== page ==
You probably don’t know Richard Jenkins by name. He’s one of those reliable character actor types who can always be depended on to add a certain amount of low-key professional quality to star-driven vehicles. Whether playing Jamie Foxx’s CIA boss in The Kingdom, Heather Graham’s quadriplegic step-father in Say It Isn’t So, or Charlize Theron’s conflicted dad in North Country, Jenkins has been working steadily and skilfully, showing an impressive range and chameleon-like ability to disappear into a role. It’s not uncommon for these kinds of talented actors to spend an entire career lost in the background. Occasionally though, with proper support, they find themselves occupying the lead role in a truly wonderful piece of cinematic artistry.
It is to our benefit that Jenkins has done just that, starring as an introverted economics professor in the powerful new film The Visitor. His character, Walter Vale, is a man who has withdrawn into his own skin, and become removed from the world around him. It isn’t until he discovers illegal alien couple Tarek (Haaz Sleiman) and Zainab (Danai Gurira) squatting in his New York apartment that the seeds of spiritual rebirth are planted. A frustrated wannabe pianist, Walter grows increasingly intrigued by Tarek’s musical mastery of the African drums. The duo’s bond over a shared love of music is abruptly put to an end, however, when Tarek is arrested and placed in a detention centre. While Walter searches for a legal answer to his friend’s increasingly serious troubles, Tarek’s fiercely independent mother arrives. Played by Hiam Abbass, she further stirs Walter’s emotional growth, and we are treated to one of the most subtly powerful romantic relationships in recent cinematic memory.
The brilliance of The Visitor is its effortless aptitude for presenting a stirring political statement, the frustrations with the post-9/11 U.S. Immigration system, through the lives and interactions of its characters. Writer/director Thomas McCarthy, whose sole previous helming credit was the well-received but little-seen The Station Agent, shows a startlingly well-honed ability to write fascinating three dimensional characters, as well as a deep understanding of natural human comedy. There is not a single false moment over The Visitor’s entire 104-minute duration. We believe these people and are invested in their hopes, dreams and fears. Its amazing work and will likely lead McCarthy towards a prosperous and creatively rich future.
A lion’s share of the credit must also be given to Jenkins. Dressed in drab colors and owlishly peering out through thick frames, Walter hides behind a projected image of overbearing academic superiority. However, the actor allows the viewer to see through the illusion, and into the soul of the character. What we observe there, Walter’s innate goodness and longings for love and acceptance, makes Jenkins’ portrait all the more moving. Pay close attention to the evolution of how he smiles over the course of the film. Initially appearing as insincere reflections of his discomfort they gradually transform to mirror Walter’s acceptance of happiness, particularly in the movie’s powerful music scenes.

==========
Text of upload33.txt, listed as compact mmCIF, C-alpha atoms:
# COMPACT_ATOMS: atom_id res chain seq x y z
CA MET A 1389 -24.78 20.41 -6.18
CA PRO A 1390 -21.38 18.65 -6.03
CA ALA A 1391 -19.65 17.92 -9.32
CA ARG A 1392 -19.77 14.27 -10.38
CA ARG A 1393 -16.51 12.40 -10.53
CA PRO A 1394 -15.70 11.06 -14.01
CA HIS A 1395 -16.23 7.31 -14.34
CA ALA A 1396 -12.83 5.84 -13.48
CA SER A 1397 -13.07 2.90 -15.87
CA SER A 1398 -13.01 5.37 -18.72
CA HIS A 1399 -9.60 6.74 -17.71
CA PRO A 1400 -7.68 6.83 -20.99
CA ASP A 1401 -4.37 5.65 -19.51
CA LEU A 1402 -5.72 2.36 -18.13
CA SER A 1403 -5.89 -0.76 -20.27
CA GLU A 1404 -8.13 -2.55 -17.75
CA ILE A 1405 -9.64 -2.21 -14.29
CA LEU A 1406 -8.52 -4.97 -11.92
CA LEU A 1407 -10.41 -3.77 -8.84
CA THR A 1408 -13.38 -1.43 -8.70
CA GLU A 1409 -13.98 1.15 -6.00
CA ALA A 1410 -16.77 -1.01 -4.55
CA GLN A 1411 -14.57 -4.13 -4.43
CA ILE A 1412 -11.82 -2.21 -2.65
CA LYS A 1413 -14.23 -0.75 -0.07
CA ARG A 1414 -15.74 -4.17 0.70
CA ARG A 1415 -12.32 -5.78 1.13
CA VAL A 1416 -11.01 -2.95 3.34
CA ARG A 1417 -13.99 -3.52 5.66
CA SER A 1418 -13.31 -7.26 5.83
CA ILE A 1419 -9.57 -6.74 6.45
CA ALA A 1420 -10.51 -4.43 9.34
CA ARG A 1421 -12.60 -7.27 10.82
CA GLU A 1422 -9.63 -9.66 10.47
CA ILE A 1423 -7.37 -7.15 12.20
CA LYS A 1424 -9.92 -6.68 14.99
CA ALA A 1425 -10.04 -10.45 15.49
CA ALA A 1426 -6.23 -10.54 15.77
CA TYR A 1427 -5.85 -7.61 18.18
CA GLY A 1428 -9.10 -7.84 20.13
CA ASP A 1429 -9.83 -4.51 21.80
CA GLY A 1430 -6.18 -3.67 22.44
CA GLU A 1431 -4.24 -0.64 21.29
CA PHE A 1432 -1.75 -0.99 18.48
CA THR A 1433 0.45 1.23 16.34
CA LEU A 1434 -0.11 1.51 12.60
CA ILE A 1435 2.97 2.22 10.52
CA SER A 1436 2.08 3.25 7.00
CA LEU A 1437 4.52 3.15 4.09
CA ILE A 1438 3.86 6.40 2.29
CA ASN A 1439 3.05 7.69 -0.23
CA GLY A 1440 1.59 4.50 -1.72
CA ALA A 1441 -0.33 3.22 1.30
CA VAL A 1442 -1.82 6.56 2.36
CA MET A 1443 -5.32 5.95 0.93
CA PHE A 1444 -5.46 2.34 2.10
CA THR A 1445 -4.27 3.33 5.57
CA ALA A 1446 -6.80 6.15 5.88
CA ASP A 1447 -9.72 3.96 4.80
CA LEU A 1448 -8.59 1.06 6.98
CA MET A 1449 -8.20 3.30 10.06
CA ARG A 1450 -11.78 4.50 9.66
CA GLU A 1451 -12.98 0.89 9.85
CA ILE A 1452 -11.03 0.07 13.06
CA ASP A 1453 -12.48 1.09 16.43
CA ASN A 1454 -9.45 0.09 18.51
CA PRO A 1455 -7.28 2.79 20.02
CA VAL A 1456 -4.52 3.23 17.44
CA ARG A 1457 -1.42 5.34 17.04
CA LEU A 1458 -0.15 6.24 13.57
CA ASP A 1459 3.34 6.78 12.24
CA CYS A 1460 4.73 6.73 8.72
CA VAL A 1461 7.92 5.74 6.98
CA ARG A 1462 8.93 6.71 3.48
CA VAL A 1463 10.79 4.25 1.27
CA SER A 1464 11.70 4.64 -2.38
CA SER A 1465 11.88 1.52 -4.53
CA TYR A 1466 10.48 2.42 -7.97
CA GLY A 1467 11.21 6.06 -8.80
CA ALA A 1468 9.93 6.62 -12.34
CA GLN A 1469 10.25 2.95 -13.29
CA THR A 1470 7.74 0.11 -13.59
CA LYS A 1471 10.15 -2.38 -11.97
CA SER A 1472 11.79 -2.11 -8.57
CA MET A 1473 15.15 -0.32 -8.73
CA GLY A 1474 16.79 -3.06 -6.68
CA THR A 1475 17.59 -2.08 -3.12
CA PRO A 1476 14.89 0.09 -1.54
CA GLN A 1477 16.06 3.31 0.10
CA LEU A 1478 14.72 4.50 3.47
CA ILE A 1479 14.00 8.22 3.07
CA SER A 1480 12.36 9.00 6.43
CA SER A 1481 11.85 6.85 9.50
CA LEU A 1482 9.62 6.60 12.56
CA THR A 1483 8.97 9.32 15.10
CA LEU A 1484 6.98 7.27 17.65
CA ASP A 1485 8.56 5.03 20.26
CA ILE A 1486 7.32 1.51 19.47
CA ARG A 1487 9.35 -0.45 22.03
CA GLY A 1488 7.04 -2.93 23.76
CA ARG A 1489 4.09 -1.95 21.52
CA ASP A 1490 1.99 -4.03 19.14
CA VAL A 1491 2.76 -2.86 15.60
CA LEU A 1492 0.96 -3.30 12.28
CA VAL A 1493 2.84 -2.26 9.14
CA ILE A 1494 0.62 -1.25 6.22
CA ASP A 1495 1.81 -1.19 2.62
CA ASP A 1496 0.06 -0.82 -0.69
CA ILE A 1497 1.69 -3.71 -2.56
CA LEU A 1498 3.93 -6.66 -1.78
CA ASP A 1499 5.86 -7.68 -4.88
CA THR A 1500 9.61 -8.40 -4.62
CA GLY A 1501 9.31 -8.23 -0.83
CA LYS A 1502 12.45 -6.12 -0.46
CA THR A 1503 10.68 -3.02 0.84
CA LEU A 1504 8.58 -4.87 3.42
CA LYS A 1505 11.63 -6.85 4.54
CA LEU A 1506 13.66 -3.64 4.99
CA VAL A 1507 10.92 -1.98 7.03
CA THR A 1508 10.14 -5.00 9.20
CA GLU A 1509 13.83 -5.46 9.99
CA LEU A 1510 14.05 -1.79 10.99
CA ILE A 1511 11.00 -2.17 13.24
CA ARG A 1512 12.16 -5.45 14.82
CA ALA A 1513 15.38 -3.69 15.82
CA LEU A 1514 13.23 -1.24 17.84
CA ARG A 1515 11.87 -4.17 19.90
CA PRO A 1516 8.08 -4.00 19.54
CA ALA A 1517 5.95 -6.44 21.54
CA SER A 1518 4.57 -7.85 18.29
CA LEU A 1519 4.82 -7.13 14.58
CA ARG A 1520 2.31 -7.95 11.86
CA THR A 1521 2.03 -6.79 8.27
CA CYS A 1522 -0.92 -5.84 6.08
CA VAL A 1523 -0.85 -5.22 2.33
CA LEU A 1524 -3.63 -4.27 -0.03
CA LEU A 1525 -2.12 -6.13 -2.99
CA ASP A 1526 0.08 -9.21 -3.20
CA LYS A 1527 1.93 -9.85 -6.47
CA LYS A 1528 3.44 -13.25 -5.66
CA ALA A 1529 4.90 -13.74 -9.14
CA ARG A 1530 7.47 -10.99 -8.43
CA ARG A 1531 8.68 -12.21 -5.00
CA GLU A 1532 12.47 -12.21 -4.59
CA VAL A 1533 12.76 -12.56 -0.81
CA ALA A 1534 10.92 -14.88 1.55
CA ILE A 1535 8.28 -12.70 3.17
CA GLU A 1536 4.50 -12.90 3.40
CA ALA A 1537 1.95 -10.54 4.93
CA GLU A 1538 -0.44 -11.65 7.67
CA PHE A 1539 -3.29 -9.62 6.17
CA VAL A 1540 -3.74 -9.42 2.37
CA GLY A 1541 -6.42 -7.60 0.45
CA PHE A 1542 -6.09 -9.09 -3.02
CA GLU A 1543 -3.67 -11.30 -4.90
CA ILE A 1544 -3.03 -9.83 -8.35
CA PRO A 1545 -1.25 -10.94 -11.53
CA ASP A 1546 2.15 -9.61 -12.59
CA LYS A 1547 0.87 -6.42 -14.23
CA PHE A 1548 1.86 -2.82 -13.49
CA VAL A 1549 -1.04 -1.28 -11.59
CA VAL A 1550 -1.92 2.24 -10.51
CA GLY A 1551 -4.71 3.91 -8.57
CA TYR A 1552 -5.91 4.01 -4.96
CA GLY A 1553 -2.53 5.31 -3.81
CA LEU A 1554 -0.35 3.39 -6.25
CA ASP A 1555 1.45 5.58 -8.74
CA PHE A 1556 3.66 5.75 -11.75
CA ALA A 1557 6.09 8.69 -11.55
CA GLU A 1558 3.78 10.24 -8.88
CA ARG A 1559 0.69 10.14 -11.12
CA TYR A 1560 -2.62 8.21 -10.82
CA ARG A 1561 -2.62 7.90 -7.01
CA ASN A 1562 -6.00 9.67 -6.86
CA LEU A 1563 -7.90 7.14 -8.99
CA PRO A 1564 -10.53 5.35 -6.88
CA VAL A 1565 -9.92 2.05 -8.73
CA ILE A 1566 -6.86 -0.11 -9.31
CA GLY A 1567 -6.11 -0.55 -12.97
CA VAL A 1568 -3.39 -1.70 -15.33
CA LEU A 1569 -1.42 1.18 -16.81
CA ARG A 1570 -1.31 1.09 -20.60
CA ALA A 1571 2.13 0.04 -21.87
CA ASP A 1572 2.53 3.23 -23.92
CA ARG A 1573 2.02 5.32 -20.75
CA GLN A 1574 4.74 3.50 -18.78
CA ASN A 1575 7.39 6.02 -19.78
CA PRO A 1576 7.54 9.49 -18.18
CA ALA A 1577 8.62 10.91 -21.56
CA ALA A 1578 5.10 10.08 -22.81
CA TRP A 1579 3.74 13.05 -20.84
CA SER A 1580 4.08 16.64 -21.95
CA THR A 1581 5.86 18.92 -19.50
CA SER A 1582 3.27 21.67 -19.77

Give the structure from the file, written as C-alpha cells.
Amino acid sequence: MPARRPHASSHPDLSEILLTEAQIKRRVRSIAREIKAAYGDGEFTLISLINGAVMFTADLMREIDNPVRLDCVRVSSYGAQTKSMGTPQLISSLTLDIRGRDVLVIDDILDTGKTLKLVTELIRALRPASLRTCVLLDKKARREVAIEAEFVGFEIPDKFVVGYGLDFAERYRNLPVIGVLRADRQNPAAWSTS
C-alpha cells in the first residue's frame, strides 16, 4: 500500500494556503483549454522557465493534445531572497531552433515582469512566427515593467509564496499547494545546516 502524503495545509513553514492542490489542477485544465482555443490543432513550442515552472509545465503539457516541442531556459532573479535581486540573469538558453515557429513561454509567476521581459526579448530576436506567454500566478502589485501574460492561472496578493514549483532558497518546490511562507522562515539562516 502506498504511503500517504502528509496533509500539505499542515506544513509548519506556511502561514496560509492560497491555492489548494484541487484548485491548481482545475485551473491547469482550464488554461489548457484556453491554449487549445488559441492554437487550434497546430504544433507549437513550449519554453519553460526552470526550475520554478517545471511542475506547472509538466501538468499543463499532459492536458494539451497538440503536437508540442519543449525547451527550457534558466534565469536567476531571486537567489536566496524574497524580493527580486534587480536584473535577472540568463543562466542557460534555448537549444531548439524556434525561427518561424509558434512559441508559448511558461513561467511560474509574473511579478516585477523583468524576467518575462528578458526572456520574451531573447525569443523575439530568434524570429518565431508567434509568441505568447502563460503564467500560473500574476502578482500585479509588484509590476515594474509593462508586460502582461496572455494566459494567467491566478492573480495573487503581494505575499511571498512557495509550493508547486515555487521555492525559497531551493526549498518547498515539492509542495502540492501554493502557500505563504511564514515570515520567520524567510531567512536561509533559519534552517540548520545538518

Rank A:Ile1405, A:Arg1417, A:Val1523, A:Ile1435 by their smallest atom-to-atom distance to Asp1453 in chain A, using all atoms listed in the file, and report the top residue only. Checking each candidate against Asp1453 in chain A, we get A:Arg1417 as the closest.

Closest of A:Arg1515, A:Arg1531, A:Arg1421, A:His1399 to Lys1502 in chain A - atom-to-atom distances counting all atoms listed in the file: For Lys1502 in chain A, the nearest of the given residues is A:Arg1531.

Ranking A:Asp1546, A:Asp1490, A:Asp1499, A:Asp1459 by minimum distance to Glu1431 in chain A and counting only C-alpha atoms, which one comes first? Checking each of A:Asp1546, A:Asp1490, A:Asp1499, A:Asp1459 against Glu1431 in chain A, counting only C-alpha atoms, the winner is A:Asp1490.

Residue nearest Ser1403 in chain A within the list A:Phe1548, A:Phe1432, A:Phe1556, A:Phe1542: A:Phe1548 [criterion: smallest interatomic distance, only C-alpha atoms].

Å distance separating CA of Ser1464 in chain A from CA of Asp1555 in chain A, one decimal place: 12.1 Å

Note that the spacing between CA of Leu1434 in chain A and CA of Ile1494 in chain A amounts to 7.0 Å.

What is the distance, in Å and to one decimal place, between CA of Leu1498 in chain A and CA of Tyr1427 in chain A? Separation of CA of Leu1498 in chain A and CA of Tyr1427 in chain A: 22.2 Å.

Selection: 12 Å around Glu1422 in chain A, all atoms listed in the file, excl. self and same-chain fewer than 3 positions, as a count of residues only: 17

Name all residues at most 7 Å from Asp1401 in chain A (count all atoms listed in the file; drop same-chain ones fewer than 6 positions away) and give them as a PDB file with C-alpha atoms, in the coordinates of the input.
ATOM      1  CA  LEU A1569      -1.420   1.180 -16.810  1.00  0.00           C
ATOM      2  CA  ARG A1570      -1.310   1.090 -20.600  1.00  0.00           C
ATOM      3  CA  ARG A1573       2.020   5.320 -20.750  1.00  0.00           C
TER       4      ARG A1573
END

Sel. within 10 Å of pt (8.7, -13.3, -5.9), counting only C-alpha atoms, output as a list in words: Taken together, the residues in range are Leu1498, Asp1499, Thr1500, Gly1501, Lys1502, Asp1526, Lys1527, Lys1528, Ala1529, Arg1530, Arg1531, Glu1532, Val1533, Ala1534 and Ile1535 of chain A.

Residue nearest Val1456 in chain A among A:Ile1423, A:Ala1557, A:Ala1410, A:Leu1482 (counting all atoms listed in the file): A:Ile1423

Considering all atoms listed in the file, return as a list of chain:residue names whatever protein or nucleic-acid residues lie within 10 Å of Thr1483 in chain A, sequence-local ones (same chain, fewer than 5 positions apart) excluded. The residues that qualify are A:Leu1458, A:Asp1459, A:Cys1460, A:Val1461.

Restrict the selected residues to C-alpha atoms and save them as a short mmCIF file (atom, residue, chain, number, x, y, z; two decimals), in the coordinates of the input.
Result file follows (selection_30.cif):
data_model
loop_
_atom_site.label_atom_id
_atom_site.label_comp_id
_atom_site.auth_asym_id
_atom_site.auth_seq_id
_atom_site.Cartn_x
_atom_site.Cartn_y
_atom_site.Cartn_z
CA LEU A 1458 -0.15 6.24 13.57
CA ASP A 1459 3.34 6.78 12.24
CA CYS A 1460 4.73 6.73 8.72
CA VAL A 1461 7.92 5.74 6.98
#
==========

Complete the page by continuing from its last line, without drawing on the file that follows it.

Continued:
The supporting cast is ideal. Haaz Sleiman is a real discovery, emanating good-will and warmth. We can understand why Walter is so taken with him, and thus his unfortunate situation is all the more heart-rending. His ability to enliven the characters around him is sorely missed when he is separated from them. Equally strong is the impassioned performance of Hiam Abbass, who is a perfect match for Walter. Her determined pride and subdued loveliness is a perfect counterpoint for his drab, reserved mannerisms. It’s a rarity in modern films that we can find enjoyment in the simple act of on-screen conversation, but The Visitor makes their verbal communications as riveting as any blockbuster money shot.
It’s unfortunate that this film is being released now, in this season of superheroes and whip-cracking archaeologists, as one has to wonder whether audiences will care about a story as delicate as The Visitor. The performances and direction are so uniformly fantastic that it may have gained more attendees (and awards notices) in the fall season. Regardless, I emphatically urge you to seek out this gem for yourself. Sometimes it’s refreshing to take a break from the CG explosions and view something with substance and a real comprehension of emotional truth. The Visitor is such a film, and it deserves our support.
4.5 out of 5
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